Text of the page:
The Speaker's Lobby: Dave Obey and the Debacle of Second Base.
By: Chad Pergram, FOX News
06 May 2010
A jolt hit Capitol Hill late Wednesday morning. Word came that House Appropriations Committee Chairman Dave Obey (D-WI) was retiring after 41 years in Congress. At first, no one could believe it was true.
Obey is arguably the fourth-most powerful figure on Capitol Hill. He heads the committee that determines how the government spends its money. A Congressional icon, only 18 other lawmakers have served longer in the House than Obey.
Stunned lawmakers shuffled into a meeting of the House Democratic Caucus in the basement of the Capitol Wednesday. Few knew if the initial retirement report was true. One senior House source mentioned of hearing discussions about Obey's re-election strategy as recently as Tuesday night.
"I don't think he's spoken to anybody," said Rep. Jim Moran (D-VA).
"I'm shocked and surprised," said Rep. Charlie Rangel (D-NY).
But then House Majority Whip Jim Clyburn (D-SC) strolled by.
"It was not entirely unexpected," said Clyburn.
Reporters grew interested.
So you've talked to him about this?
Clyburn is the Democrats' top vote counter, full-time tea-leaf reader and part-time political psychologist. He didn't have to.
"He's not discussed it with me. He hasn't told me," said Clyburn, assuming the role of political shaman. "But I'm old enough and been around enough to read demeanor and listen to conversations. And this doesn't surprise me. It may surprise him to know I'm not surprised."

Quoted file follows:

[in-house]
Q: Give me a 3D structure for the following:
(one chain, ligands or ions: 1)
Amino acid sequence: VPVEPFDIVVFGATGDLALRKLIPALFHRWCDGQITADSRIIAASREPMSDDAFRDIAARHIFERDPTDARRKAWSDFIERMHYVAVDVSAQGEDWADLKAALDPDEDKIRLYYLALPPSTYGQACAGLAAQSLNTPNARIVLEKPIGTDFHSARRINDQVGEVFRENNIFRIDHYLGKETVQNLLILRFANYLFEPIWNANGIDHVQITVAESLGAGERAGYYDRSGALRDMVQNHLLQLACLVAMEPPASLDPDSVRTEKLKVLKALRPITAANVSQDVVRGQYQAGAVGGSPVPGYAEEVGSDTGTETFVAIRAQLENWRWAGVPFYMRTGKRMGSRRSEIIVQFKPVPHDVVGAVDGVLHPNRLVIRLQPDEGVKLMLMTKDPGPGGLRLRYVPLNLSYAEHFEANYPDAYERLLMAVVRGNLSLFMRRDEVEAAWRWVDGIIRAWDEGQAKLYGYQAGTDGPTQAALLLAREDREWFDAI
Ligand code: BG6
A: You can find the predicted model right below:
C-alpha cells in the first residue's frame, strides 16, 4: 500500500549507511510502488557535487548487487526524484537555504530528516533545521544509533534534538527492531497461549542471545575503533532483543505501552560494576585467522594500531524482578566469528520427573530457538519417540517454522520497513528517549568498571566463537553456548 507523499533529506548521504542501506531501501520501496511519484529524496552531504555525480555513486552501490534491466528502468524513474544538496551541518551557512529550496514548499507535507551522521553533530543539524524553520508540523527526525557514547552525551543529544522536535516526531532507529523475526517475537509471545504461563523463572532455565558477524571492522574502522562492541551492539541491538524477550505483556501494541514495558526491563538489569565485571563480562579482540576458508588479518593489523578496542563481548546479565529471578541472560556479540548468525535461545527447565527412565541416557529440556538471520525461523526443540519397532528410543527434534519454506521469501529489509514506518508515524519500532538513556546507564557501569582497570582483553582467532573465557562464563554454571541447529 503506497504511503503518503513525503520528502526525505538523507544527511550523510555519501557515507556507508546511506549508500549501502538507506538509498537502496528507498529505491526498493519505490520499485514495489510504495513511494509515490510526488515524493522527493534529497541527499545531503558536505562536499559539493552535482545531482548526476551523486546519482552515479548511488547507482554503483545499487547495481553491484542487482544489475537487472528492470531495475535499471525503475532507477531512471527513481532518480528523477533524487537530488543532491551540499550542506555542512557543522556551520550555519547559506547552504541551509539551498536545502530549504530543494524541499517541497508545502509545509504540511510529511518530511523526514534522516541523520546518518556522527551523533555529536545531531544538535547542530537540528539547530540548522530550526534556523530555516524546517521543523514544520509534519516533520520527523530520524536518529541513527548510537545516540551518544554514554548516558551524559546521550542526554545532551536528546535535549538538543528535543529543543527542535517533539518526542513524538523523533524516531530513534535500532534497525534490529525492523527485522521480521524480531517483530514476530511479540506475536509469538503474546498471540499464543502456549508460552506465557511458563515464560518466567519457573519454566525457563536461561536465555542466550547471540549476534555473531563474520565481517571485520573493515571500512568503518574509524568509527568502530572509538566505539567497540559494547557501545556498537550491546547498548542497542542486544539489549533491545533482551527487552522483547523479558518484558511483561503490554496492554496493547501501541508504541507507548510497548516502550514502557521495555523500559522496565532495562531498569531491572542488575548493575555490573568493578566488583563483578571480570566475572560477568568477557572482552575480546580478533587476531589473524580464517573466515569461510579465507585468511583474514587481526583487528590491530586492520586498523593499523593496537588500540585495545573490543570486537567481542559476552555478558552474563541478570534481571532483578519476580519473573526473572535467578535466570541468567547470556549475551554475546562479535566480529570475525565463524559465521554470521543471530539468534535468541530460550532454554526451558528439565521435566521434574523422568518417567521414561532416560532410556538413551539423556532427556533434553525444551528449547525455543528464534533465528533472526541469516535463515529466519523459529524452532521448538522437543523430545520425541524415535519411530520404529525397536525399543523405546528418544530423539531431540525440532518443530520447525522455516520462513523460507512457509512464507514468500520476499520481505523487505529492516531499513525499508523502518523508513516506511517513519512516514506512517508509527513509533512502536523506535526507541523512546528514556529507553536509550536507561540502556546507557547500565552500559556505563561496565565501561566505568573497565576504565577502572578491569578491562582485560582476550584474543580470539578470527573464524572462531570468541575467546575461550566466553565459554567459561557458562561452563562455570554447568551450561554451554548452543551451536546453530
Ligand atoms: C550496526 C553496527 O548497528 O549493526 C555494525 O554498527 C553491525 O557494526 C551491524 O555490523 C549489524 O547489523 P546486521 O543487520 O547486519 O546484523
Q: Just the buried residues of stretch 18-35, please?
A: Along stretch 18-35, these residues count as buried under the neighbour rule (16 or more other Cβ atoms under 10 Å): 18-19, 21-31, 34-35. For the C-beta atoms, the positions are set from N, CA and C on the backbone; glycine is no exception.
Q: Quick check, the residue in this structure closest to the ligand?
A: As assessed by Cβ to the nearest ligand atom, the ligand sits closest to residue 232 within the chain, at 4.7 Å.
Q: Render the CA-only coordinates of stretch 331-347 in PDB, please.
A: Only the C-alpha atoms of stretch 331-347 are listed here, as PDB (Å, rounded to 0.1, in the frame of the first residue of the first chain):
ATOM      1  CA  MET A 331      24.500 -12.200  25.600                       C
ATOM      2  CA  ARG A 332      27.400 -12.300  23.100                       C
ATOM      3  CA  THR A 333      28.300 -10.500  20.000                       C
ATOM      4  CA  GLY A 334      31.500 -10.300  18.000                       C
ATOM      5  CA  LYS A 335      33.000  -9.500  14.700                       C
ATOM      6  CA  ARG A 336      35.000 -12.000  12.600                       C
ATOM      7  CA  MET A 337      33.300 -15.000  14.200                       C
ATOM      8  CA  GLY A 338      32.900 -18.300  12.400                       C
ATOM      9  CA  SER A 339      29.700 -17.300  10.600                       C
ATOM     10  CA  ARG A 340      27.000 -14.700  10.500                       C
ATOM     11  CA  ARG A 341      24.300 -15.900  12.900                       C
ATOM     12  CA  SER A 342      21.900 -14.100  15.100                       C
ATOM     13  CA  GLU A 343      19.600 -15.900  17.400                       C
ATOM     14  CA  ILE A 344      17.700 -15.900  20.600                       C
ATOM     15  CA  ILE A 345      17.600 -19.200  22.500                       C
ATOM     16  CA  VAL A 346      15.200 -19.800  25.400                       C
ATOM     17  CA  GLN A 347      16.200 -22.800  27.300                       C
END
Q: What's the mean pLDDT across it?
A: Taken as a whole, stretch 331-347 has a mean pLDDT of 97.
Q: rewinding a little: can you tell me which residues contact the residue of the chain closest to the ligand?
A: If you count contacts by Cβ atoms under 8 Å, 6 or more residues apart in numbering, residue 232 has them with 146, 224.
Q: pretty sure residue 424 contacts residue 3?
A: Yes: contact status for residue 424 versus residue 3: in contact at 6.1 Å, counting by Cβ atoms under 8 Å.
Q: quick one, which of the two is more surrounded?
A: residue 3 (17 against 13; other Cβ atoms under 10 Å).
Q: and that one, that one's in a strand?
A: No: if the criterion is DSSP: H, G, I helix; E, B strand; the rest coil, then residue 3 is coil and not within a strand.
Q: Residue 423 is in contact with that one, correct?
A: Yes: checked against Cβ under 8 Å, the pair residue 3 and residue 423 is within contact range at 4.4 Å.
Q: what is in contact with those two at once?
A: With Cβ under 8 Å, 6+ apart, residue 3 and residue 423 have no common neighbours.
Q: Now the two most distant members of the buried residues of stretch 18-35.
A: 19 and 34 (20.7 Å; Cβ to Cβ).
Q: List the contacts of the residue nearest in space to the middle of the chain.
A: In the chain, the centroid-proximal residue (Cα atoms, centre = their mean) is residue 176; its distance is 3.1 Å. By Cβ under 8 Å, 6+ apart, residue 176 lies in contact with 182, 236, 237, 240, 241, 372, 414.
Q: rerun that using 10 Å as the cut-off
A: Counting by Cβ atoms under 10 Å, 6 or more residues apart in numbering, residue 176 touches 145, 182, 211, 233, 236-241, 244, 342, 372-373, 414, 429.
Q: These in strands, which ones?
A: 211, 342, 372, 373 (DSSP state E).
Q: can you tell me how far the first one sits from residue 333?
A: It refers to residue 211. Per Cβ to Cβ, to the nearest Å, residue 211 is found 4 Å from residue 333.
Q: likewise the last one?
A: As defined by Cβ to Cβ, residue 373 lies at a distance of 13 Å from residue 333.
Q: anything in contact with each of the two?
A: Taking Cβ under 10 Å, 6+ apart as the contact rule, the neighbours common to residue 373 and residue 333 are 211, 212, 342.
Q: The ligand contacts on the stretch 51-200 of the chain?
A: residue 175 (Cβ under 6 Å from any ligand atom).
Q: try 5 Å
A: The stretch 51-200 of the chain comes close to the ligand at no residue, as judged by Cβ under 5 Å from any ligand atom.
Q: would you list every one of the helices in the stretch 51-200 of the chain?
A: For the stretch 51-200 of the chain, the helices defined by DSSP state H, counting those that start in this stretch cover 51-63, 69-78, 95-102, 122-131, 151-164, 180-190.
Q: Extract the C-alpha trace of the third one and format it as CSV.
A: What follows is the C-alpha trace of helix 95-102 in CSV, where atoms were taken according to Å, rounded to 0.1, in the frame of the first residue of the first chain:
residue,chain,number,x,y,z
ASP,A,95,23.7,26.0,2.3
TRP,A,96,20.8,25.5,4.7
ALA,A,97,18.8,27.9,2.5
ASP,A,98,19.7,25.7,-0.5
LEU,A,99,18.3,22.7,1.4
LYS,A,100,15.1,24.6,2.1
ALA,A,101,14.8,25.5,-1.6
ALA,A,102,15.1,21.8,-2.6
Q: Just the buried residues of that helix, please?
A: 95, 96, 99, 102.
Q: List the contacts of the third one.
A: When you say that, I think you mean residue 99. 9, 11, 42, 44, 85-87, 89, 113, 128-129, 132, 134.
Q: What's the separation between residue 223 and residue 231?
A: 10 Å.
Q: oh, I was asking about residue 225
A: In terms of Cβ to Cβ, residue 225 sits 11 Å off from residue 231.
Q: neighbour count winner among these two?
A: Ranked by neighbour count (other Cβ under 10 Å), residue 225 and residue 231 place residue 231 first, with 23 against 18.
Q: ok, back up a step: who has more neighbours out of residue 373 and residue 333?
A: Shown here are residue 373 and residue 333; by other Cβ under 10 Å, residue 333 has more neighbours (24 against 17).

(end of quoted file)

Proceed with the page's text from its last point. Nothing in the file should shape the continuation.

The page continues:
An hour later, Obey gave his Congressional valedictory at a Capitol Hill press conference. He conceded he was "bone-tired" and "weary." He felt "used up." The Wisconsin Democrat noted he would have retired years ago. But instead, he found it important to stay in Congress and fight what he termed the "misguided" policies of the Bush Administration, including the war in Iraq.
Prickly. Irrascable. Gruff. Dave Obey rarely declined a good scrap. Such was the case when anti-war activist Tina Richards and a guerilla video blogger confronted Obey outside his office in 2007 as he prepared a spending bill to draw down troops in Iraq.
"That bill ends the war. And if that bill isn't good enough for you, you're smoking something that ain't legal!" Obey thundered after several minutes of hectoring.
An unidentified man continued to browbeat Obey about why they just didn't just craft legislation that cut off all funding.